What separates them the most is obviously Jason Momoa’s darker skin tone. This was a different direction for the character and it’s one that actually made him more relatable. Comic Arthur Curry’s father was white, while movie Arthur Curry’s father had darker skin. This now makes Aquaman more than just half-human and half-Atlantean. He’s now a half-breed on a more realistic and relatable level. Jason Momoa himself can relate to this, given that he’s the son of a Hawaiian father and a German-Irish mother. Heck, I can really relate to this, because I’m a half-breed myself.

That’s exactly why I believe Jason Momoa’s Aquaman is one of the DCEU’s most valuable assets. As a guy who’s half-hispanic and half-white, I can relate to Aquaman’s struggle of finding acceptance from both peoples. The Atlanteans won’t accept him because he’s human and the humans won’t accept him because he’s an Atlantean. As contradictory as that sounds, it’s a legitimate struggle that people like me go through. This is why Arthur Curry felt like an outsider his whole life and believed he was better off as a loner. If neither group will accept you as one of their own, then where can you possibly fit in? That was the real struggle he had to overcome in the movie and the way he succeeded was, no pun intended, heroic.

Jason Momoa’s Aquaman chose to become a champion of both worlds. He spent a long time trying to ignore his Atlantean heritage, he forgot to just accept it. In the end, not only did he accept it, he embraced it and became their king. Given that he’s half-human, that would’ve seem impossible, but he proved that being half-human only made him better for the title of king. Why? Because he understood that being human meant to have compassion for others. The oceans were being heavily polluted by the humans, but he understood that the humans were unaware of the existence of Atlantis. He couldn’t choose a side, because he was a part of both worlds, so his solution was to fight for what was right. Now that’s a man who deserves to wear the crown.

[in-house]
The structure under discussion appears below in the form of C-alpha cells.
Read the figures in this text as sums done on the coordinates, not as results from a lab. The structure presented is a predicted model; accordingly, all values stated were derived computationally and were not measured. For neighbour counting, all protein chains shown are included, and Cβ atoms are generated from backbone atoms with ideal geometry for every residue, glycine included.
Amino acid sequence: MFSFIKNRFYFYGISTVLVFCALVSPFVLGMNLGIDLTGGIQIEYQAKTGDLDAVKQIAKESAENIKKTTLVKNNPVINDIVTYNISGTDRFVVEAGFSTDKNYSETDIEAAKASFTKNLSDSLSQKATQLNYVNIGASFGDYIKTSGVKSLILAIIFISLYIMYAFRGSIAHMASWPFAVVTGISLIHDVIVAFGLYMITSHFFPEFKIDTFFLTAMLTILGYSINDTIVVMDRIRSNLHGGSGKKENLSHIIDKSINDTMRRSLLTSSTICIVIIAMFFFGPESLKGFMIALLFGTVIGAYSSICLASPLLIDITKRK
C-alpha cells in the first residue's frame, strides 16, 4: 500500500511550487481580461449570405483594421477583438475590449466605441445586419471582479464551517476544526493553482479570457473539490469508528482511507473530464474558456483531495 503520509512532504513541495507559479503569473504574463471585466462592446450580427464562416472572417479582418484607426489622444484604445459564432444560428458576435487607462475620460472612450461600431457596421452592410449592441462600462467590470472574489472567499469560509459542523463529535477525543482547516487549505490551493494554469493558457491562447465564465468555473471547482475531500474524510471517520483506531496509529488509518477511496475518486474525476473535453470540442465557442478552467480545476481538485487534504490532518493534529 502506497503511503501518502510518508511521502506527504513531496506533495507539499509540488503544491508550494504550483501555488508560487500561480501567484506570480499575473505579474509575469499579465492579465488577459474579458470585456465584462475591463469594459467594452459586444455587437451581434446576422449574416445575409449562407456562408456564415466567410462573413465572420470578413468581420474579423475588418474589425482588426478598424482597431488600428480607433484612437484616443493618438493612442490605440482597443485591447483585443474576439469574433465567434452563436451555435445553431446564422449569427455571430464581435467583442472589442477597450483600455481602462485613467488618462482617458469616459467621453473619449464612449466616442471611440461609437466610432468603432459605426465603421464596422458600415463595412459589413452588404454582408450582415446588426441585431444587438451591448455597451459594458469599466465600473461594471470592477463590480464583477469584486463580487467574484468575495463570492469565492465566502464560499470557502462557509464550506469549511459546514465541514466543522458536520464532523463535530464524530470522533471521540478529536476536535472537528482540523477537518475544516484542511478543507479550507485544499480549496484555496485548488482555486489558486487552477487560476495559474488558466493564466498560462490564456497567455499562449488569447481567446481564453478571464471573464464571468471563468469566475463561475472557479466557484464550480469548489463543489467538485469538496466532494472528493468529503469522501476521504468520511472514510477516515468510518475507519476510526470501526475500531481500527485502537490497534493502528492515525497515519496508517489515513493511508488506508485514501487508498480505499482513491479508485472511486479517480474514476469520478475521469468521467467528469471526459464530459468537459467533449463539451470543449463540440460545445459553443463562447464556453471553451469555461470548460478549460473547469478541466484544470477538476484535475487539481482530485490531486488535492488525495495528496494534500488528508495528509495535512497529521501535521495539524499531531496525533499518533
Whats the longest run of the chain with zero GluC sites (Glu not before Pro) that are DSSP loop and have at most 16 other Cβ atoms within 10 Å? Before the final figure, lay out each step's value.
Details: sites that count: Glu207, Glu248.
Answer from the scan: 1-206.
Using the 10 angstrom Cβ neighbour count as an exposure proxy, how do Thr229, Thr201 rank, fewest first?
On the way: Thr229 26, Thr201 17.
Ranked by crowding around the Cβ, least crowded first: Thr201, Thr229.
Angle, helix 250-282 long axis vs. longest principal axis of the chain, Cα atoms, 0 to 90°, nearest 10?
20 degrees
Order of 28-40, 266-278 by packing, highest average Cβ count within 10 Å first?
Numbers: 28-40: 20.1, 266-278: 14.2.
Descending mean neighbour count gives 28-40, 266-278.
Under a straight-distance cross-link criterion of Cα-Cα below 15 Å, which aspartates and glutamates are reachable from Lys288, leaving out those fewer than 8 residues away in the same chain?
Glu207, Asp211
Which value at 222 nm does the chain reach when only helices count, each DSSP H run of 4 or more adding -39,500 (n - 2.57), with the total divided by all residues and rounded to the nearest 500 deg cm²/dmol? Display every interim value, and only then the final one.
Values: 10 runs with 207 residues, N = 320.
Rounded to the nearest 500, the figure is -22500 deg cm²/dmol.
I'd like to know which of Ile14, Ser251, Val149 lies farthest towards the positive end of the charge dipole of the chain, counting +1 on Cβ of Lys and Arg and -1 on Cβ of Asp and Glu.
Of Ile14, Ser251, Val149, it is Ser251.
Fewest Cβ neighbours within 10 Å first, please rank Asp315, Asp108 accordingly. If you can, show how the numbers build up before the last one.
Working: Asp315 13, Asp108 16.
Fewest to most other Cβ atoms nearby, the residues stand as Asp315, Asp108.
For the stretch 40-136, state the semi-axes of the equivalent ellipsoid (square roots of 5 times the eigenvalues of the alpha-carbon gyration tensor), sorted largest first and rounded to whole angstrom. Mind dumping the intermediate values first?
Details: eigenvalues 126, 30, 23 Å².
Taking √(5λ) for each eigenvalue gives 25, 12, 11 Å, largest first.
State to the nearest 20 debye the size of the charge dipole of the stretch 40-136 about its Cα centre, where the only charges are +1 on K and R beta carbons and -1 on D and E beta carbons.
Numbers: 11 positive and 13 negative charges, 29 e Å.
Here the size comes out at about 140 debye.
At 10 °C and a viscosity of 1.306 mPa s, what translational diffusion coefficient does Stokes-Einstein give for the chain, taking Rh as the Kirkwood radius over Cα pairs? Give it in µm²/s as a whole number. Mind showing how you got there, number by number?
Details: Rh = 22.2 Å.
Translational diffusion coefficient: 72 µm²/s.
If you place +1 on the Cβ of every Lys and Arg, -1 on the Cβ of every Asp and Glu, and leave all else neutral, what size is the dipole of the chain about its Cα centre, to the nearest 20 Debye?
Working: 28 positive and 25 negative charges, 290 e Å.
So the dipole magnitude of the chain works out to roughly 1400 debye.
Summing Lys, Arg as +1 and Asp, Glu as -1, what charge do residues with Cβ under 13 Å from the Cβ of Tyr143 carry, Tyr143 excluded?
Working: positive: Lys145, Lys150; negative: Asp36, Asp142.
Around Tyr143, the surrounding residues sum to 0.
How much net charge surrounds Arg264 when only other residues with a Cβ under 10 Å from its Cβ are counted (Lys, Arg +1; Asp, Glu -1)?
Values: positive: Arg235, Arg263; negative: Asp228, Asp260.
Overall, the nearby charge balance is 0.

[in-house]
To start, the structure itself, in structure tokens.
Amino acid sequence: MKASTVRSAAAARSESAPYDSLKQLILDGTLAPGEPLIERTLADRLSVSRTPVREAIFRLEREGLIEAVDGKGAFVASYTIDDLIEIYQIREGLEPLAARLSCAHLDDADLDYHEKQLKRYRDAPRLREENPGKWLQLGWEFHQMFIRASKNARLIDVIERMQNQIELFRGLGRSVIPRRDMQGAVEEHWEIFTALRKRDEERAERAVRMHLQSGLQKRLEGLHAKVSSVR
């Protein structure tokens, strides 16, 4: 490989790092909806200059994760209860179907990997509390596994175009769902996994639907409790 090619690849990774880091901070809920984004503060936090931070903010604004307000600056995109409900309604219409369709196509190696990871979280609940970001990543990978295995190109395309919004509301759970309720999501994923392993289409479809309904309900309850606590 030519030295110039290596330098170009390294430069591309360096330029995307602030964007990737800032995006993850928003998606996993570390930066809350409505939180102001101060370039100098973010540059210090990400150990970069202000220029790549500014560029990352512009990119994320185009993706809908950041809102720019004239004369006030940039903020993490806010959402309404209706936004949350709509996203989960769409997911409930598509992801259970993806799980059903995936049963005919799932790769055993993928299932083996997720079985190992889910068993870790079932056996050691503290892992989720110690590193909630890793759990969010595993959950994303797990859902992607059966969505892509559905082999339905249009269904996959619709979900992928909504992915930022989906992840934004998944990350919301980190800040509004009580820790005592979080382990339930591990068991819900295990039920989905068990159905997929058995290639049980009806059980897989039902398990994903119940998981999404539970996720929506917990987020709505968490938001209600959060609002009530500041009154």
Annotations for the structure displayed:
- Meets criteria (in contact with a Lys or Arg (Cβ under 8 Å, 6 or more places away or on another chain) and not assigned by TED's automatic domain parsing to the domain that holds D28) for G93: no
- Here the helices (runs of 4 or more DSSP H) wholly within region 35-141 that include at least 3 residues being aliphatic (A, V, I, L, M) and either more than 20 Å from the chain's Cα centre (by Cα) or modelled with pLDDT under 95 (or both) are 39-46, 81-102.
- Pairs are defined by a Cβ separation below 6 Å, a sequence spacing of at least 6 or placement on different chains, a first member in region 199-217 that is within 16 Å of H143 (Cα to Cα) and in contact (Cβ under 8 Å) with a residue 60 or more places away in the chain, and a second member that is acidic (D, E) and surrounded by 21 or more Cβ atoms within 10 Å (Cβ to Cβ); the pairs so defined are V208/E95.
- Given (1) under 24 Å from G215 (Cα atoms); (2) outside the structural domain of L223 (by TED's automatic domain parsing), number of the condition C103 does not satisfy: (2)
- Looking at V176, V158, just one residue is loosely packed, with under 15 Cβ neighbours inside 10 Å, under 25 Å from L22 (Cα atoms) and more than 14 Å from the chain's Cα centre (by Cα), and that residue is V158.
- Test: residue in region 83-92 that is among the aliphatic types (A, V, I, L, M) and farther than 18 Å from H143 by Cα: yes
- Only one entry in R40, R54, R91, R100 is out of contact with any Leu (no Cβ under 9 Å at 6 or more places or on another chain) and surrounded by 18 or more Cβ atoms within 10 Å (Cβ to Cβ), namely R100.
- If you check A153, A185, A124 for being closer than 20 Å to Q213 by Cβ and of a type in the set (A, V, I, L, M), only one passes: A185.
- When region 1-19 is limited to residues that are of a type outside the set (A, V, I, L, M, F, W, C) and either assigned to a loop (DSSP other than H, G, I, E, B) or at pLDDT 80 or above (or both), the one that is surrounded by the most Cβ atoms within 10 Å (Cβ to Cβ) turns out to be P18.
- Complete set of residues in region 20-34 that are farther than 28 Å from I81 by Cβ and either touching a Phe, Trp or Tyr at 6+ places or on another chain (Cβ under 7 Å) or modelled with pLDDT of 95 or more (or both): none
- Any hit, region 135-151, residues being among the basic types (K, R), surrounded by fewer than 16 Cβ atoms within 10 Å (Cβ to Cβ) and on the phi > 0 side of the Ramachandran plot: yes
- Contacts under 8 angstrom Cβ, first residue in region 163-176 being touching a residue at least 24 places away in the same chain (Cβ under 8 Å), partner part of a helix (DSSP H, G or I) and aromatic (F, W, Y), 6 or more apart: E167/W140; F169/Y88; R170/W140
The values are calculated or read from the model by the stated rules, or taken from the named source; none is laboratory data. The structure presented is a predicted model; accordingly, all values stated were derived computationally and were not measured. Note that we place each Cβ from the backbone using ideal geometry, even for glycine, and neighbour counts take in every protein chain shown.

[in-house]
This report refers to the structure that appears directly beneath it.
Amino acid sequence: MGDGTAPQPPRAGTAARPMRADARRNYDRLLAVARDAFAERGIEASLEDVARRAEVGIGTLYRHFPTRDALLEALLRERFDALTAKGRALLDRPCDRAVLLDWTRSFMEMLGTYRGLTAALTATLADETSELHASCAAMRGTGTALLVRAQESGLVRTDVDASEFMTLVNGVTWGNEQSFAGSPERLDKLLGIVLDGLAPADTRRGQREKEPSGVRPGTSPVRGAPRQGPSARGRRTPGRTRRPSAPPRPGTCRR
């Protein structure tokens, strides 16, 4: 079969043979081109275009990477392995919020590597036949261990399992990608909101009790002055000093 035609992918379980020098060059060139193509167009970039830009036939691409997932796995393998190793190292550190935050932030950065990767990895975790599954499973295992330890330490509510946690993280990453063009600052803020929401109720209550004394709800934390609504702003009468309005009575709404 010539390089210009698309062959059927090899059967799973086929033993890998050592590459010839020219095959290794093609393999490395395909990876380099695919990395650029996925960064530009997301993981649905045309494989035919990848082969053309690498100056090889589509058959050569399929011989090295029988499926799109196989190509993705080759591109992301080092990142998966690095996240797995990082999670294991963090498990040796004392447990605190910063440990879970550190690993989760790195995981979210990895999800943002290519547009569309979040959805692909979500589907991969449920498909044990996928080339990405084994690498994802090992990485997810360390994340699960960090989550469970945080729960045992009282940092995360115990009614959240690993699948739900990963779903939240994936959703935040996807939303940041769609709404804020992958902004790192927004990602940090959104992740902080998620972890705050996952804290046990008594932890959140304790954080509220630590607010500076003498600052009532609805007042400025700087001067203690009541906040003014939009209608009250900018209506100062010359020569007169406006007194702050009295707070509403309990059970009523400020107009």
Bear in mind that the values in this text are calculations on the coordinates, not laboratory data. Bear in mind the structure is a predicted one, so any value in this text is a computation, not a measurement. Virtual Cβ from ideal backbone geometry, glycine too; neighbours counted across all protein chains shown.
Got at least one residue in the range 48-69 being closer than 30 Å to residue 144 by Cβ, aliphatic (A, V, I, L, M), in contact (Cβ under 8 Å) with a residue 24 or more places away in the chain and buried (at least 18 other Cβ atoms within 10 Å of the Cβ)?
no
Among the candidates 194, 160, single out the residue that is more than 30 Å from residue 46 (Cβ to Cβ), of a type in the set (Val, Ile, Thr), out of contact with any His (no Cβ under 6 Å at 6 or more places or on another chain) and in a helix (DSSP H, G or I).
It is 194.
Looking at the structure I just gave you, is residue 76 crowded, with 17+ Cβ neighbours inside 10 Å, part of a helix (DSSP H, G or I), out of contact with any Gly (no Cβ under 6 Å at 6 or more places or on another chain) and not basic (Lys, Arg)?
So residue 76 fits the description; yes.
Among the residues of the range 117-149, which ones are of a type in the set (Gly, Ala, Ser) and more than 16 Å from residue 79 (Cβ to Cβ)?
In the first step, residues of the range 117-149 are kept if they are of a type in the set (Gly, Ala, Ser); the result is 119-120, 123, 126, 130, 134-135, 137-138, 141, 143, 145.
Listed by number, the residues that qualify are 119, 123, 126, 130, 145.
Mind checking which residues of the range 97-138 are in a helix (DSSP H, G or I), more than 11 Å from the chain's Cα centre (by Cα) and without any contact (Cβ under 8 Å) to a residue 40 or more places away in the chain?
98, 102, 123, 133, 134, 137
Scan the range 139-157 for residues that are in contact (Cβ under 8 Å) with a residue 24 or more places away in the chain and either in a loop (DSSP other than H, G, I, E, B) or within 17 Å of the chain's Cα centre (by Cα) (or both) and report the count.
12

DC made Aquaman a hero of absolute diversity. This gives me a lot of hope for the future of comic book movies. They’ve come a long way and now they’re showing signs of catching up to modern day standards. As a guy who relates to Aquaman’s struggles, it was a new experience watching him deal with the kind of issues that I face. What intrigued me the most about his story was that he was a half-breed and that’s something we don’t see enough in movies. It’s rare that you’ll see a half-breed protagonist in movies, and when they do come around, their stories are rather underwhelming. What Aquaman did is give the chance for people like me to tell our stories of equality and acceptance. It goes even further by teaching us to embrace who we are, no matter who tells us otherwise.

People like me, Aquaman, we all have a place where we belong. We just can’t forget who we are, because whatever race we come from is a part of us. These are the lessons Aquaman’s story teaches us and it’s one that I hope to see in more comic book movies. Who would’ve thought that Aquaman, out of all heroes, would have such an impact? It turns out he can speak to humans just as good as he can speak to fish. Long live the king.